If fresh milk collection doesn’t go like clockwork, there will be a few disgruntled stakeholders including farmers, the processors and the cows. But transport solutions designed for moving everyday commodities to and from central distribution points don’t work well for milk which typically involves hundreds of pick-ups and deliveries to and from farms and factories. In short, the sector was crying out for a system that would make the transportation process more efficient and Mullingar-based OptaHaul has stepped up to provide it.
OptaHaul’s system is bespoke for the dairy industry and its potential customers include processors, co-ops and milk hauliers. At its simplest, the system helps to reduce transport costs and emissions. But there’s a lot more going on in the background. It also monitors other variables associated with milk collection including the impact of bad weather, as well as preventing problems before they happen such as tankers getting stuck on unsuitable roads or finding access to farms restricted.
“On a normal map it may look like a road is okay or that it’s okay to make a left or a right turn. But in reality, it’s not, so we have built out the system to override local information thereby avoiding a tanker ending up where it shouldn’t be. This is significant for large enterprise customers with maybe 100 trucks collecting from thousands of farms and delivering to possibly 20 factories,” says company co-founder Gary Gallagher.
‘Complex and costly’
“Milk collection transport is complex and costly and is the highest single cost in milk production after the farmer is paid,” he adds. “Our state-of-the-art route optimisation software allows our customers to proactively manage their fleet operations to reduce costs, increase efficiency and minimise vehicle GHG [greenhouse gas] emissions.”
Before co-founding OptaHaul, Gallagher worked for cloud venture builder, Zoosh, which was asked by a Hungarian dairy processing client to come up with a software solution to reduce the cost of transporting milk. Having successfully cracked the problem, it was clear there was a wider market for the solution and a decision was made to spin it out into a standalone company.
“It’s a niche product, but an important one that addresses an international need. The Irish market is important to us, but in overall terms it’s tiny so we want to tap into the US which is actually quite far behind in terms of digitalisation. The dairy industry has been badly neglected from a technology point of view. Numerous attempts have failed to tackle the issues involved meaning mission-critical processes are still being managed on Excel or paper,” says Gallagher who comes from a background in technology sales and consulting. He is currently participating in UCD’s AgTech accelerator for agribusinesses with global potential.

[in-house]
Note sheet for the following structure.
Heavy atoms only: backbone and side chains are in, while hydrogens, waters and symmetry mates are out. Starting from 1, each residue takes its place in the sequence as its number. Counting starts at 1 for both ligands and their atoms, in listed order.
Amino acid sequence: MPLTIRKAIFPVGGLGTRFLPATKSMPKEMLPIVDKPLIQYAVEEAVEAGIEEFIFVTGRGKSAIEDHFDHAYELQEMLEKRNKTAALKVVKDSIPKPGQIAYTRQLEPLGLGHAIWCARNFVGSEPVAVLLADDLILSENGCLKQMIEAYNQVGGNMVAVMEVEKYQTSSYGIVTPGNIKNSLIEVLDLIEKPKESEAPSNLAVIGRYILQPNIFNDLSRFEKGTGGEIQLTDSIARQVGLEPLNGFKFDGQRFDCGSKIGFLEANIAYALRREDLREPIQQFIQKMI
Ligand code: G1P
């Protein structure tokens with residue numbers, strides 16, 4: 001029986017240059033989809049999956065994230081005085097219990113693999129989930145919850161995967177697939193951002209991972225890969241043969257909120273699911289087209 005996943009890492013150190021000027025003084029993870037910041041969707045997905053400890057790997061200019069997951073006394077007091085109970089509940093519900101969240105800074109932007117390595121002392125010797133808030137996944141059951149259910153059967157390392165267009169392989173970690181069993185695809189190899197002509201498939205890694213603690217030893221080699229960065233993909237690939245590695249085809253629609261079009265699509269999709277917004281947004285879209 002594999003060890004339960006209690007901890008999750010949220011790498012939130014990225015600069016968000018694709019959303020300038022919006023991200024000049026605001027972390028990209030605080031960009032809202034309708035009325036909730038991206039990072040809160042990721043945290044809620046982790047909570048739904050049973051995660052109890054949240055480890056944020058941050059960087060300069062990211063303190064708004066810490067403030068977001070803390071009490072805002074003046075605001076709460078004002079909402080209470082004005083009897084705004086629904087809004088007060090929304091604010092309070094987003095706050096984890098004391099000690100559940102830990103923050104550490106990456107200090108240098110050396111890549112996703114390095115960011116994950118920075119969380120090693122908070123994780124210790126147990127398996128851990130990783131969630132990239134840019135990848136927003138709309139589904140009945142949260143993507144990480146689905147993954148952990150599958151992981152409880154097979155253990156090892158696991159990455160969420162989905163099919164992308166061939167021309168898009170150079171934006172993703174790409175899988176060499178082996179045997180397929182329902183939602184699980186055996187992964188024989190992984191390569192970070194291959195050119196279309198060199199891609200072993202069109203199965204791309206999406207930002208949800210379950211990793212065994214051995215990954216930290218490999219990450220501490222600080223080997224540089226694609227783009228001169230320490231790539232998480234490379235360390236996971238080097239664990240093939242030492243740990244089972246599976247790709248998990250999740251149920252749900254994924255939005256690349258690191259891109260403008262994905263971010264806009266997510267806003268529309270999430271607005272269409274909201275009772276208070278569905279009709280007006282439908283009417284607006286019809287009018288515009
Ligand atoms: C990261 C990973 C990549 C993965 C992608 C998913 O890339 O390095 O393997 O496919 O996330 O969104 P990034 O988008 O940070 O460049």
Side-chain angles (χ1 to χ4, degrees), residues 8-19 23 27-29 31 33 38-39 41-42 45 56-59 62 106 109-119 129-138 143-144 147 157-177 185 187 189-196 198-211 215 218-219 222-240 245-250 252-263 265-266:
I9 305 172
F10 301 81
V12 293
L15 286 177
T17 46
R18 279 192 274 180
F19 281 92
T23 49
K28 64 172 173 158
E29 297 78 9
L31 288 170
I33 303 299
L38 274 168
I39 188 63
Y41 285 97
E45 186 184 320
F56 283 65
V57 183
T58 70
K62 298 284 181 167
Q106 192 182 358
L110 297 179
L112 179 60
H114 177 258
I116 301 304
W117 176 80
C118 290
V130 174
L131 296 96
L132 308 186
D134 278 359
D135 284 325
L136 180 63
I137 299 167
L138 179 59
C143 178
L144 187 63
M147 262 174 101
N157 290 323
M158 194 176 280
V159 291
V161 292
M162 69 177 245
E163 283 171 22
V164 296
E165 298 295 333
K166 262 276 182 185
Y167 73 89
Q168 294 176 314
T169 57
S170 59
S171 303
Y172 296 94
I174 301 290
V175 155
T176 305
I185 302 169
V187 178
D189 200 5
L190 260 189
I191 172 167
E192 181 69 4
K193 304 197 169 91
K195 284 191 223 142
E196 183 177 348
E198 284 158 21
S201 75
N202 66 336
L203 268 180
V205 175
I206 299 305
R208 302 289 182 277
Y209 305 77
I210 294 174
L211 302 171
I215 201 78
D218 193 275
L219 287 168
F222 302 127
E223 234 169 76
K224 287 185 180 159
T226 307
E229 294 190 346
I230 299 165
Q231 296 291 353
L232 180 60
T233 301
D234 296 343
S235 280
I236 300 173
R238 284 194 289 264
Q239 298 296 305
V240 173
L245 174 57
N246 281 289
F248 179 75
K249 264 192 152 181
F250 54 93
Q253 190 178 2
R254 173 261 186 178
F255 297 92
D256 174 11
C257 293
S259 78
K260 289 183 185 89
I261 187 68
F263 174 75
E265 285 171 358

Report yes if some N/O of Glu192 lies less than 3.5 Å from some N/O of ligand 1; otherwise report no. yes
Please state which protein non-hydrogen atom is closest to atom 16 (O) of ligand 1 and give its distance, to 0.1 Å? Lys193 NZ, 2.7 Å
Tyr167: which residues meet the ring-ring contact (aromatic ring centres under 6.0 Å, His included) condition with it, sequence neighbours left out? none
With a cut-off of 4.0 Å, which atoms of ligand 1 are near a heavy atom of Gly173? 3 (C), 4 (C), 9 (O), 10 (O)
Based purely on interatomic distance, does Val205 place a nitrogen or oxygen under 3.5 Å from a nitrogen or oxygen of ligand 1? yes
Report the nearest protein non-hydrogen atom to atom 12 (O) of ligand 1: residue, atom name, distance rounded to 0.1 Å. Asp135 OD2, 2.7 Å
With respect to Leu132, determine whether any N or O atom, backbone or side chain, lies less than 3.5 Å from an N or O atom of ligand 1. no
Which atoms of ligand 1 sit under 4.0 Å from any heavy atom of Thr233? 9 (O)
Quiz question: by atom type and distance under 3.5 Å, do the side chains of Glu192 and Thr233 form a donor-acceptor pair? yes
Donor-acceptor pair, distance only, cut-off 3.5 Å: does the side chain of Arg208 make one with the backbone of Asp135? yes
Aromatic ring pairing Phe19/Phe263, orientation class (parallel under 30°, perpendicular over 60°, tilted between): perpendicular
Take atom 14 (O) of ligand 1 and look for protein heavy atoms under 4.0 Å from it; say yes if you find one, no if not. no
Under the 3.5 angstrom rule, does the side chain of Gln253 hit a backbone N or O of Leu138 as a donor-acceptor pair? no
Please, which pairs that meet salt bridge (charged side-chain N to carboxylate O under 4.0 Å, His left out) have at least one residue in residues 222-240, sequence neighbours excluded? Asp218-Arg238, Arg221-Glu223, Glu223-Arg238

OptaHaul charges customers a subscription fee to use the system with typical contracts running for between one and three years. The fee is based on the volume of milk involved and users log on, input their data (where their farms and factories are) and the system automatically calculates the optimal routes for the tanker fleets. This is significantly different from normal route planners which only offer a way of getting somewhere.
OptaHaul currently employs four people and there are plans to grow this to seven in the coming months. The company raised a pre-seed round of €300,000 last year from a combination of friends and family, a private fund and an angel investor with a dairy industry background. The company has also been supported by Westmeath Local Enterprise Office.
OptaHaul is platform-agnostic so it will work with customers’ existing hardware and software and with other systems already in use such as milk intake and fleet telematics. “Logistics software often involves significant upfront IT hardware costs and takes time to install. OptaHaul’s cloud technology eliminates capital expenditure and is up and running and generating savings very quickly,” Gallagher says.